Cat portraiture, holographic cats, and live kittens up for adoption mingled together at the opening of “The Cat Show” at White Columns. The show, organized in partnership with Social Tees Animal Rescue, brings together the work of 50 artists in a dizzying display of cat devotion. Curator Rhonda Lieberman proudly claims in the “zine” catalogue, “If you love one cat, how can you not love them all? This was my awakening as a cat lady.” For all the cat-themed memes and videos saturating Internet culture, she writes, there could be more in the way of actual care for the kitties, hence a show about all things cat.
Silly and irreverent at times, “The Cat Show” includes everything from a Cory Arcangel video of cats playing the piano to a bust hanging over the entryway wearing a knit sweater: I [Heart] My Feral Cat. Some are sexy cats (Richard Prince’s “Adults Only” book cover illustration, or Marilyn Minter’s Cat’s Eye); some are sweet (Laura Owen’s and Elizabeth Peyton’s paintings); and some are more impressionistic (Mark Leckey’s animation Flix, of a black cartoon cat tail wagging on endless loop).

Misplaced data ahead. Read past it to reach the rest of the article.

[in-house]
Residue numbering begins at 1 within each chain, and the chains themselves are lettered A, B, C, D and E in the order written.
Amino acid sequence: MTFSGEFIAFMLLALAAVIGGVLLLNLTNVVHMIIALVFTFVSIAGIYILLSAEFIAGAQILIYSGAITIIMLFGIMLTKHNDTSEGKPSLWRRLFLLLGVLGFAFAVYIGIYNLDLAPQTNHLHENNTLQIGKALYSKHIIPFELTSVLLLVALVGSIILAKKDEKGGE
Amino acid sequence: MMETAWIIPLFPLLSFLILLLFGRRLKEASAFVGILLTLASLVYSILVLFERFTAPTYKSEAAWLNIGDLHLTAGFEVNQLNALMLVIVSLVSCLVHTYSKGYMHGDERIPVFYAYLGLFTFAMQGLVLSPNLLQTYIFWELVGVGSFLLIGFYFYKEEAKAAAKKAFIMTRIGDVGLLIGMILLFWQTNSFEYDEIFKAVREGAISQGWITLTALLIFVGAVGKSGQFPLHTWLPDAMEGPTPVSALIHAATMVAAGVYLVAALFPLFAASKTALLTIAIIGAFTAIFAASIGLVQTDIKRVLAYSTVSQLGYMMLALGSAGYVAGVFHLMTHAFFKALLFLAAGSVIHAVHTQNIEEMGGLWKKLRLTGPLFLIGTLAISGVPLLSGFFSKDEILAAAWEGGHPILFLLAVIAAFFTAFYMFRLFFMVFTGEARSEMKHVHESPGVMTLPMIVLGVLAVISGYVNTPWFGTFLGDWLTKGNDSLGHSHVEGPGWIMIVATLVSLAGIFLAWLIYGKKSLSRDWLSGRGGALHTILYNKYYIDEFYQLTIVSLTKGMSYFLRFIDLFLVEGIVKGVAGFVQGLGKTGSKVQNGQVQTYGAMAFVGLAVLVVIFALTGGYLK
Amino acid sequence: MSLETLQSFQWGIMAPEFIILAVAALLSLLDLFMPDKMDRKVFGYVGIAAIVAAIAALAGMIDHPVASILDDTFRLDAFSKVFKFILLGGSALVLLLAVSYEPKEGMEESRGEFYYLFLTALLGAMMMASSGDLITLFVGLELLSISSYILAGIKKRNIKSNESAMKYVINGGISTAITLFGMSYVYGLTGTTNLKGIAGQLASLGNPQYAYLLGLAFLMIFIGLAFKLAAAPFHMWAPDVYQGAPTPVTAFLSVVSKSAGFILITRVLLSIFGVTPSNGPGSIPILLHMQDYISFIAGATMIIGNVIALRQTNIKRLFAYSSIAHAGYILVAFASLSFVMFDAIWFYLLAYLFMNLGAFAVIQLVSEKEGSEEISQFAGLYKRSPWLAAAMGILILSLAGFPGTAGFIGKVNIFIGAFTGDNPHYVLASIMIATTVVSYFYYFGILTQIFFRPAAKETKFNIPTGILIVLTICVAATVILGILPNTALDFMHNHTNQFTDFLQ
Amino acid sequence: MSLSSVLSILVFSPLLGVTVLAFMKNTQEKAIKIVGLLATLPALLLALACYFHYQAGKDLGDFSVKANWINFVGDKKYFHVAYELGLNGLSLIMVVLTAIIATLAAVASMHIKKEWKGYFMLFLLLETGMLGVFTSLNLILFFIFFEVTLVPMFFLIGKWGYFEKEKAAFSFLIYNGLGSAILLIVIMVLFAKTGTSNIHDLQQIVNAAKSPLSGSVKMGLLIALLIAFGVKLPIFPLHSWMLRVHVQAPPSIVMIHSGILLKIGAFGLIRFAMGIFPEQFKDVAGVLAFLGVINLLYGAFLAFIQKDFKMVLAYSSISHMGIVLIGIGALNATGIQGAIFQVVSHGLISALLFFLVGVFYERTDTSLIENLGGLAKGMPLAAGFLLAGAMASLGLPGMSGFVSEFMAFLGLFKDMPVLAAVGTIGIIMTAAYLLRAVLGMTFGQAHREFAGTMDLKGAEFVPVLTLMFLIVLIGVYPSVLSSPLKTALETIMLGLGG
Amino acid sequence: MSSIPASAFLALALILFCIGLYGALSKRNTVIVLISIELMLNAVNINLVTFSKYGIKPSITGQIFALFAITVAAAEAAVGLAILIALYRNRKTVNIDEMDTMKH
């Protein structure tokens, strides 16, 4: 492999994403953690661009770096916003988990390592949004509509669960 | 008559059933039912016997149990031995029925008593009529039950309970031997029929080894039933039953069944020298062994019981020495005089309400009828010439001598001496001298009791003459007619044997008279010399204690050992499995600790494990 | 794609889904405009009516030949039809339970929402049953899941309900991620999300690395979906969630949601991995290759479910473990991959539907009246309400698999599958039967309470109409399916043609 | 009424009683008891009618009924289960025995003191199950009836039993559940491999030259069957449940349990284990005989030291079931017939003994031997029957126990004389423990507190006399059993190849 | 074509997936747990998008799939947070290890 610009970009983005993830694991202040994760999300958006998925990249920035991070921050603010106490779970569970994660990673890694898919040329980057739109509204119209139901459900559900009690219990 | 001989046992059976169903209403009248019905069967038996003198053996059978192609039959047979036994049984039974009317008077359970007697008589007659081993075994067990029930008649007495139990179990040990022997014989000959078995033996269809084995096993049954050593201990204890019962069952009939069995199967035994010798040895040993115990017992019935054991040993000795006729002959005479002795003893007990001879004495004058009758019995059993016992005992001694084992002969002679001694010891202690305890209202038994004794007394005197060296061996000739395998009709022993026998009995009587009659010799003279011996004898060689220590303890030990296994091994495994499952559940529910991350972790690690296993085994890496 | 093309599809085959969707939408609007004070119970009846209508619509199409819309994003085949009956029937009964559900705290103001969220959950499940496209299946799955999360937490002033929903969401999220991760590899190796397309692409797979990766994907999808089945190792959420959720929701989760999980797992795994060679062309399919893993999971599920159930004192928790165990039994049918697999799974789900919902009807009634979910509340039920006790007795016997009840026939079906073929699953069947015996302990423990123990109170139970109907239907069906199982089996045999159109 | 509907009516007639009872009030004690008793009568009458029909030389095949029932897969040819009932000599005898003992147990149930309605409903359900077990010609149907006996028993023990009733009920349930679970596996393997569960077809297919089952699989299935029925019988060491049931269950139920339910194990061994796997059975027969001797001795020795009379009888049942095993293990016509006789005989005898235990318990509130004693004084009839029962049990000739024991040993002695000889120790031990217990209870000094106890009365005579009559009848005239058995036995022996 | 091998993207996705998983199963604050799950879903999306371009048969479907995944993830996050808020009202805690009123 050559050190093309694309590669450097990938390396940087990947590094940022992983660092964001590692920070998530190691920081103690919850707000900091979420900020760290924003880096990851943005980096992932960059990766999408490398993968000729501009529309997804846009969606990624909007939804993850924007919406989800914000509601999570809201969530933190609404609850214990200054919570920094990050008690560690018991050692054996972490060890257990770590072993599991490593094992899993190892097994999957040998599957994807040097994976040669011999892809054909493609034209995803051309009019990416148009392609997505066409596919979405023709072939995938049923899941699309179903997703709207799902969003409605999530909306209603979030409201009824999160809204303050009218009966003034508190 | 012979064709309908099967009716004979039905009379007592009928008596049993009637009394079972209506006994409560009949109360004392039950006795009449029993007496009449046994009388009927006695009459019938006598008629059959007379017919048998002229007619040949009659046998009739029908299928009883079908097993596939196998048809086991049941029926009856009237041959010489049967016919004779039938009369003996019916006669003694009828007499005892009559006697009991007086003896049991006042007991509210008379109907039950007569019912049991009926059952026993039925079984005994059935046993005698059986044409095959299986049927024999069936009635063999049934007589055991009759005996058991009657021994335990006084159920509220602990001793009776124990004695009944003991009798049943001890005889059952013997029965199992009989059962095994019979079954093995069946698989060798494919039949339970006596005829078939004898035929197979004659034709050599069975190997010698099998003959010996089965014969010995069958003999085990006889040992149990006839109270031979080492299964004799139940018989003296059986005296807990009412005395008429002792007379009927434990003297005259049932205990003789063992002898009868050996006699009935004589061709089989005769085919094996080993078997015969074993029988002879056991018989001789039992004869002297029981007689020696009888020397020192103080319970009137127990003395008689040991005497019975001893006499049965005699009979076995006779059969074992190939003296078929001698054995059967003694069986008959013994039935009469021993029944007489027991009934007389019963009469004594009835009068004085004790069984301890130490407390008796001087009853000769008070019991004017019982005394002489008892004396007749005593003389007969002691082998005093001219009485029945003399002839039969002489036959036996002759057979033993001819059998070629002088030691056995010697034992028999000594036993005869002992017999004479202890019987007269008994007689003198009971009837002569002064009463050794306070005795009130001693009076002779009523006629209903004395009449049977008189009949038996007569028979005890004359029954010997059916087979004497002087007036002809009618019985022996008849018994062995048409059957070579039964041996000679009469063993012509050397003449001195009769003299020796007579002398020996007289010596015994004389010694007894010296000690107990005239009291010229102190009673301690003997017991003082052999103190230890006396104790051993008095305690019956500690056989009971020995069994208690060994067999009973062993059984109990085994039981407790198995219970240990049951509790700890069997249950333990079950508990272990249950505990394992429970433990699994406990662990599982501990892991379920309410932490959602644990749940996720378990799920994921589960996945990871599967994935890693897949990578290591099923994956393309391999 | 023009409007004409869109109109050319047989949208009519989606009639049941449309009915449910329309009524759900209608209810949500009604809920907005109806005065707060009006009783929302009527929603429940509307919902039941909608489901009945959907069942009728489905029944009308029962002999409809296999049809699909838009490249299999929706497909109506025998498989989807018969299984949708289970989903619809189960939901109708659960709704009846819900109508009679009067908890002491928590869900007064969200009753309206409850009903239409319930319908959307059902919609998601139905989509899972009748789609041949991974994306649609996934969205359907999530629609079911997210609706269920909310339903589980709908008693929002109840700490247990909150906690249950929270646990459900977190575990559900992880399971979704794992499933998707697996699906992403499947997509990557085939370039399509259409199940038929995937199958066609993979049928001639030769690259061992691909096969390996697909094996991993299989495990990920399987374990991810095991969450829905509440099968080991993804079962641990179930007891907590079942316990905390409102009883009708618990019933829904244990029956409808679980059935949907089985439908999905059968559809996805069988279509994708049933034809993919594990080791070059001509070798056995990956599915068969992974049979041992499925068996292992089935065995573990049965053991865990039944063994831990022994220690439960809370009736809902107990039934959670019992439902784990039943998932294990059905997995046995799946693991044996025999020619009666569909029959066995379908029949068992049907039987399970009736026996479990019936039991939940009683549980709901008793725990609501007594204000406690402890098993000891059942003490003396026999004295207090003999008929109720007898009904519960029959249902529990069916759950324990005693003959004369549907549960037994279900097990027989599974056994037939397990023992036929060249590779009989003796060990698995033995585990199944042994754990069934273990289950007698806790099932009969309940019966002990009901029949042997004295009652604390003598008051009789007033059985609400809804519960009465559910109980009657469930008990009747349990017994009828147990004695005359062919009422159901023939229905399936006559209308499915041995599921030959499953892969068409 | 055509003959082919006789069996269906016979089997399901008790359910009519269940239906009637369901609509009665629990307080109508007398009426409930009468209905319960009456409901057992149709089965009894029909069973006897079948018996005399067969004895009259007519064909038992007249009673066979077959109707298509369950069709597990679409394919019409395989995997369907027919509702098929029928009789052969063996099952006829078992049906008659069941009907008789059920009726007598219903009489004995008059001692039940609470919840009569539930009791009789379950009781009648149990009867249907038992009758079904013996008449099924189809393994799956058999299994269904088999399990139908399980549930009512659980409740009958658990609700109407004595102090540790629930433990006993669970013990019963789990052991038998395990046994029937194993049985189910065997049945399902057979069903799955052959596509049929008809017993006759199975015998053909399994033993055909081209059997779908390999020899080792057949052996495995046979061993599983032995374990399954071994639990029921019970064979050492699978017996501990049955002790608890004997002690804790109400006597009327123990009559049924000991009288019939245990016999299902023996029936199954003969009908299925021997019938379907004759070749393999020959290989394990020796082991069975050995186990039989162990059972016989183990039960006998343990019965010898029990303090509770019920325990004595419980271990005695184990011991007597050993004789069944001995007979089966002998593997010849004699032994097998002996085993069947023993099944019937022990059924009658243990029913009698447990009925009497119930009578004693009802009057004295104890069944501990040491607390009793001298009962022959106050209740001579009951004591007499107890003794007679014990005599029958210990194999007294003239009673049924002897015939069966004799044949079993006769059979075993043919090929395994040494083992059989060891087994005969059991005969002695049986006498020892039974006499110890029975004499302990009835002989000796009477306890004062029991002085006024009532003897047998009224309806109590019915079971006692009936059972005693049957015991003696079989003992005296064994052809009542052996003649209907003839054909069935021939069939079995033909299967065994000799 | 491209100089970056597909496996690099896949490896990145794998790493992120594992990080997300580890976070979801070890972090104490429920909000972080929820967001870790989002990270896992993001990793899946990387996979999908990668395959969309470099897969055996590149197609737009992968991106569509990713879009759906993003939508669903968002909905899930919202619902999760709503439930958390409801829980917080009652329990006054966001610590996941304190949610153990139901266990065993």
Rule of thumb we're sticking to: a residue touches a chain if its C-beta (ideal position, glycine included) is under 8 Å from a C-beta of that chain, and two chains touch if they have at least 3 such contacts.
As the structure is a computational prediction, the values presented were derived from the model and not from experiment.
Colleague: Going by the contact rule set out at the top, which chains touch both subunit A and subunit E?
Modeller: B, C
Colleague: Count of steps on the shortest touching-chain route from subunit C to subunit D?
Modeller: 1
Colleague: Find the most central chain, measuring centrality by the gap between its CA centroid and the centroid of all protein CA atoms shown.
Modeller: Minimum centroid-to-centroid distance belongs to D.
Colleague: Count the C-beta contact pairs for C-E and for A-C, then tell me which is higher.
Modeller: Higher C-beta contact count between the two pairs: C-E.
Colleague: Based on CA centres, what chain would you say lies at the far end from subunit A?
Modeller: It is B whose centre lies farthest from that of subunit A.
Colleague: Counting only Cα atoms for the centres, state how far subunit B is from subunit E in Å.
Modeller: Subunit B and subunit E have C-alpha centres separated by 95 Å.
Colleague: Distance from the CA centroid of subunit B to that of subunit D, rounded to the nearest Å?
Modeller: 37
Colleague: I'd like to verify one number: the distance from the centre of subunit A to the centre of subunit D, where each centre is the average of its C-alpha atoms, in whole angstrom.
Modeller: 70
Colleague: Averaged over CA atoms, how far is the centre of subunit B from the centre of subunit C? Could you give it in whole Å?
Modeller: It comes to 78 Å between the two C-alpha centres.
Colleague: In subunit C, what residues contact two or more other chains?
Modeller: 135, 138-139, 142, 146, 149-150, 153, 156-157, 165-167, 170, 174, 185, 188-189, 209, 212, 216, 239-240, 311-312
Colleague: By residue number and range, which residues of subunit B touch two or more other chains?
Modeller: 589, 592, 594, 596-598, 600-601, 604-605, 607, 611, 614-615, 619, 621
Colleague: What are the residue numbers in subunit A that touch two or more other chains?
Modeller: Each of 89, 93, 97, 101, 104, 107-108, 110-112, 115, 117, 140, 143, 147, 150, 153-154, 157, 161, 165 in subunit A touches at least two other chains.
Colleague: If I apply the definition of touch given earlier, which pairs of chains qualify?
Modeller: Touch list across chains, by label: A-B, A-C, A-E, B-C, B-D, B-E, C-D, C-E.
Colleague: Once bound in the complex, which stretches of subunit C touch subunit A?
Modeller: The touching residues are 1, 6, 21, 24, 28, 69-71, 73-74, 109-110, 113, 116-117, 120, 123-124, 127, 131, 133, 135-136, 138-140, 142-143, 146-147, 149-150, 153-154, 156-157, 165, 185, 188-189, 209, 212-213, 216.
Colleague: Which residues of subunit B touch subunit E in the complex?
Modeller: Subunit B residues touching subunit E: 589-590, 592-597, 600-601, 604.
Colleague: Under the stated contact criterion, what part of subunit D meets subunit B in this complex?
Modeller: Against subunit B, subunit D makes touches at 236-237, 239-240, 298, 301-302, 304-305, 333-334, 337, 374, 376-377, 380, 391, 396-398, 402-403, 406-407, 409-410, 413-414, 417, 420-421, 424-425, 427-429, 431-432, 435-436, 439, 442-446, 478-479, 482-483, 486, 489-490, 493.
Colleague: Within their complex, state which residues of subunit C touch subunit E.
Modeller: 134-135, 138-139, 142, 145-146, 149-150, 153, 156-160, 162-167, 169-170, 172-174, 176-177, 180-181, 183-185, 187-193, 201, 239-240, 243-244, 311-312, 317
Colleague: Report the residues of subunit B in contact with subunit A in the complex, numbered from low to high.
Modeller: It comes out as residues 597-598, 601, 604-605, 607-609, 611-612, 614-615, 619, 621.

Laura Owens, "Untitled," 2004
Most popular for iPhone photo-snapping were Antoine Catala’s hologram (in which a cartoon cat head spins over a porcelain body), a shrine of cat katchkes, and of course, the kittens up for adoption, particularly some tiny black and gray cats who couldn’t stop pawing at each other. (“Those two have to go together, that’s the rule,” a man said.) The 10 cats make up “The Cats-in-Residence Program”—actually rescue cats ready to be taken home—but renamed monikers such as Jaspurr Johns, Bruce Meowman, Claws Oldenburg, and, well, Alex Katz.
The hilarious catalogue, too, is a real treat. Stapled together and printed on standard copy paper, it’s a DIY fanzine for felines, complete with collages and top-ten lists. With an intro by Lieberman on her descent into cat-dom (Of James Turrell’s Meeting at PS1, Lieberman writes, “This piece could only be improved by a cat”), it also includes essays like “Ode to Cat Ladies” or Amy Taubin’s “Cats Who Have Lived with Me.”
Despite the heavy rain, the opening drew a sizable, albeit damp, crowd. And in a fitting twist, when the rain turned into a downpour, it was the humans who didn’t want to get wet.